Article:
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Test Question Best Practices

Test Questions are the most important quality control mechanism in the CrowdFlower Platform. Creating ideal Test Questions is the best way to ensure high quality results from a job. This article explains the characteristics of useful Test Questions and best practices when creating them.

How many Test Questions do I need?

Most jobs have between 50-100 test questions however the more test questions in a job the faster the job will complete. By default there is one Test Question per page (with 1-19 rows per page set) which means a contributor can only do as many pages of work as there are Test Questions in a job. Quiz Mode will also have effect on the amount of Test Questions you need to create. If you create 15 total Test Questions and have 10 Rows Per Page, Quiz Mode will first use 10 of these Test Questions. From there you will have 5 Test Questions remaining and contributors can only do 5 more pages of work before maxing out. 50 total judgements are collected per contributor but as there are 1 Test Question per page, 5 (1 per page) will be Test Questions. Therefore, the more Test Questions you have in your job, the more work any individual contributor can complete.

Characteristics of Ideal Test Questions

    • A good Test Question must be correct and complete with respect to the job instructions. The answers given must be more objective than subjective. Be careful to not answer questions based on prior knowledge about the data in the job. Each Test Question reason should be able to explain to any contributor exactly how that answer was reached.
    • A good Test Question allows all possible answers. It’s a better experience for contributors if your Test Questions are a little more lenient than overly strict.
      • Example: The job is to rate the sentiment of a tweet. In this type of job, what someone understands as Slightly Positive, others may think is Highly Positive. Accepting both answers will allow contributors to get the Test Question correct when either answer is selected.

Fig. 1: Both Highly Positive and Slightly Positive are enabled as correct answers

  • Test Questions should have an adequate difficulty level. Test Questions should be hard enough to test a contributor’s performance but easy enough for those workers who are trying to follow your instructions honestly. Not all data rows make for great Test Questions. Don't create Test Questions that take you significantly more time than an average data row to complete or that don't have a correct response in regards to the instructions.
  • Every Test Question should be equipped with an instructive reason that explains the process to getting a correct answer.
    • Do's:
      • Write full sentences and use proper grammar
      • Refer directly to the instructions
      • Explain why the answer is correct and also why the incorrect answers are not. Find points for them to improve in their work
    • Dont's:
        • Write long, complicated sentences. Try to use simple vocabulary.
        • Be careful when writing witty/snarky reasons. A little humor can lighten the mood, but good contributors might feel insulted if your reasons seem too sarcastic.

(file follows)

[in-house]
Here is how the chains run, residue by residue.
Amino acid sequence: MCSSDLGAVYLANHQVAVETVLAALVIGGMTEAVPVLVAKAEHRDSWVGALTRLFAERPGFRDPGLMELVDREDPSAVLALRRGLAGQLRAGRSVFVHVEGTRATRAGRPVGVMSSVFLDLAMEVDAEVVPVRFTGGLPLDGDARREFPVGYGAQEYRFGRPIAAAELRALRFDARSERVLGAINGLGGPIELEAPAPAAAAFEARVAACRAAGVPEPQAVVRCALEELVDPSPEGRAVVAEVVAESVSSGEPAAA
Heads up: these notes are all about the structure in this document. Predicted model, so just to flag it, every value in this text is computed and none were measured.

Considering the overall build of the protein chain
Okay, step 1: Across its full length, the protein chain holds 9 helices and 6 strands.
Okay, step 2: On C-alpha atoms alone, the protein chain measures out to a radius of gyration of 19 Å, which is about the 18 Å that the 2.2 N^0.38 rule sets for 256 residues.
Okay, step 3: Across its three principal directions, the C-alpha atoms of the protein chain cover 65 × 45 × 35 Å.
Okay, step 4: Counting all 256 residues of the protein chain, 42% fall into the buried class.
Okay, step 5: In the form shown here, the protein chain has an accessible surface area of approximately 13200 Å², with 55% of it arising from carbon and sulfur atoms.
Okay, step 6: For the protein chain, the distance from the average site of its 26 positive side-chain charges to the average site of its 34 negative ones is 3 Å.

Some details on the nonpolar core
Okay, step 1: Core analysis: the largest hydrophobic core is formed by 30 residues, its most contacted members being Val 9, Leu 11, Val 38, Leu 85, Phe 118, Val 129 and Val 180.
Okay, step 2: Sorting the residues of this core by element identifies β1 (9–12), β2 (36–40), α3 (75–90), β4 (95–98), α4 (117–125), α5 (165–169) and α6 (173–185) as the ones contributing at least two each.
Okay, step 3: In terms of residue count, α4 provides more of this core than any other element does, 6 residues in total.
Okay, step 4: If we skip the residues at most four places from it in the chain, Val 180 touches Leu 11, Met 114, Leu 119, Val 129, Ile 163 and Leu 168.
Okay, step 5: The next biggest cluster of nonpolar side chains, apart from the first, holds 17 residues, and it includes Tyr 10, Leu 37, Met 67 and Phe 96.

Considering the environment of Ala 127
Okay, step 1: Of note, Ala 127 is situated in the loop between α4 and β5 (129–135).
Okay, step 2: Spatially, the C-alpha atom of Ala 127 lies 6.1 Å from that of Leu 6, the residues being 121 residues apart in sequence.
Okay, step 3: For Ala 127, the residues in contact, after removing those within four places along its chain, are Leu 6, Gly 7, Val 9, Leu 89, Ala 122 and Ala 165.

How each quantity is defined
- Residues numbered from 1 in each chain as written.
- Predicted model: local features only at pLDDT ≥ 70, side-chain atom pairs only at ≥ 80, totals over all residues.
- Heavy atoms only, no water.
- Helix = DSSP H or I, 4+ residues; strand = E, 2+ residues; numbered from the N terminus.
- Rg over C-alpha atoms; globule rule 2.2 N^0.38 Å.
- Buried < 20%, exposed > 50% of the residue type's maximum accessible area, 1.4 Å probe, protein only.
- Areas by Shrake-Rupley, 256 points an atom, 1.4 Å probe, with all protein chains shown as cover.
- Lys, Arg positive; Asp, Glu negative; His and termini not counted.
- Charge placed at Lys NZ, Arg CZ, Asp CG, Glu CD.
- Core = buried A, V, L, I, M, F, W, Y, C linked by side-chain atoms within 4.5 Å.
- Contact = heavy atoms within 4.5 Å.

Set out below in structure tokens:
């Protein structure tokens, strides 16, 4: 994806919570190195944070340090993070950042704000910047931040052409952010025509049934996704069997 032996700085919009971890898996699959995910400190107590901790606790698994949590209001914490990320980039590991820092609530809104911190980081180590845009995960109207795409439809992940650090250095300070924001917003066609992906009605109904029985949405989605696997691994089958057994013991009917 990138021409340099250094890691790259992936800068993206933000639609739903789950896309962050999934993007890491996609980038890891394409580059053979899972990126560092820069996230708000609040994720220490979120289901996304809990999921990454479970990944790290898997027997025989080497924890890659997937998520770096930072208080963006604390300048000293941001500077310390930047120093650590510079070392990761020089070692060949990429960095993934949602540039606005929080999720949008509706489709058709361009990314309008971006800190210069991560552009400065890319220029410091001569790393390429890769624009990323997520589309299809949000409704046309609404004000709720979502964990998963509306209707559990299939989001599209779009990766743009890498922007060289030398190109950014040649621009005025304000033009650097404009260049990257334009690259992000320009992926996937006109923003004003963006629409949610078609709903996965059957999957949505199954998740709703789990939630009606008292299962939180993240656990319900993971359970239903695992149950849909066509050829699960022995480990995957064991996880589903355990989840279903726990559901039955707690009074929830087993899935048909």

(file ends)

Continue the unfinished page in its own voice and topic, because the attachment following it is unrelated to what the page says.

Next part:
• Never leave a reason blank. Only having a single word or overly generic reasons are also not helpful to the contributors.
  • Ideally, contributors will behave exactly the same on Test Questions as they do on the regular rows of data in your job. To accomplish this, your Test Questions must be indistinguishable from the overall data set. Be sure that the Test Questions in a job reflect the source data and remain ‘hidden’ throughout the job to keep the contributor honest.
  • Test Questions should have an appropriate Answer Distributions that reflect your dataset. An even Answer Distribution will train contributors on every possible answer instead of biasing them towards one answer.
  • The method of answering Test Questions varies if your job contains many questions to be answered or just a few.
    • For simple jobs that ask only a few questions, it’s a good idea to define an answer for every field.
    • For complicated jobs that ask a lot of questions and include logic, you should vary which questions you answer within your test questions. Varying your answer makes it easier for contributors to get the question correct because they are tested on less fields. If contributors get one question wrong they get the entire Test Question wrong. Also, switching which questions you answer will keep contributors honest as they won’t know which questions they’ll be tested against for a particular Test Question.
  • If you are attempting to submit impossible logic combinations in your test questions, you will see a message appear. This will warn you that a piece of the logic tree is not correct and you will need to update the question before saving.

Fig. 2: Warning message in regards to answering the first question as ‘No’ and then answering the second question which should only be asked if the answer to the first question is ‘Yes’

 

Example:

Question 1: Does this tweet mention American Airlines?

  • Answer 1a: Yes
  • Answer 1b: No

Only asked if the answer to Question 1 is ‘Yes’:

Question 1: Does this tweet mention American Airlines?

  • Answer 2a: Positive
  • Answer 2b: Neutral
  • Answer 2c: Negative

 

Correct:

Answer ‘Yes’ to Question 1 and answer any choice from Question 2

 

Incorrect:

Answer ‘No’ to Question 1 and answer any choice from Question 2. In this scenario, the contributor would not be shown Question 2 and therefore get the Test Question wrong without ever having the chance to answer it.


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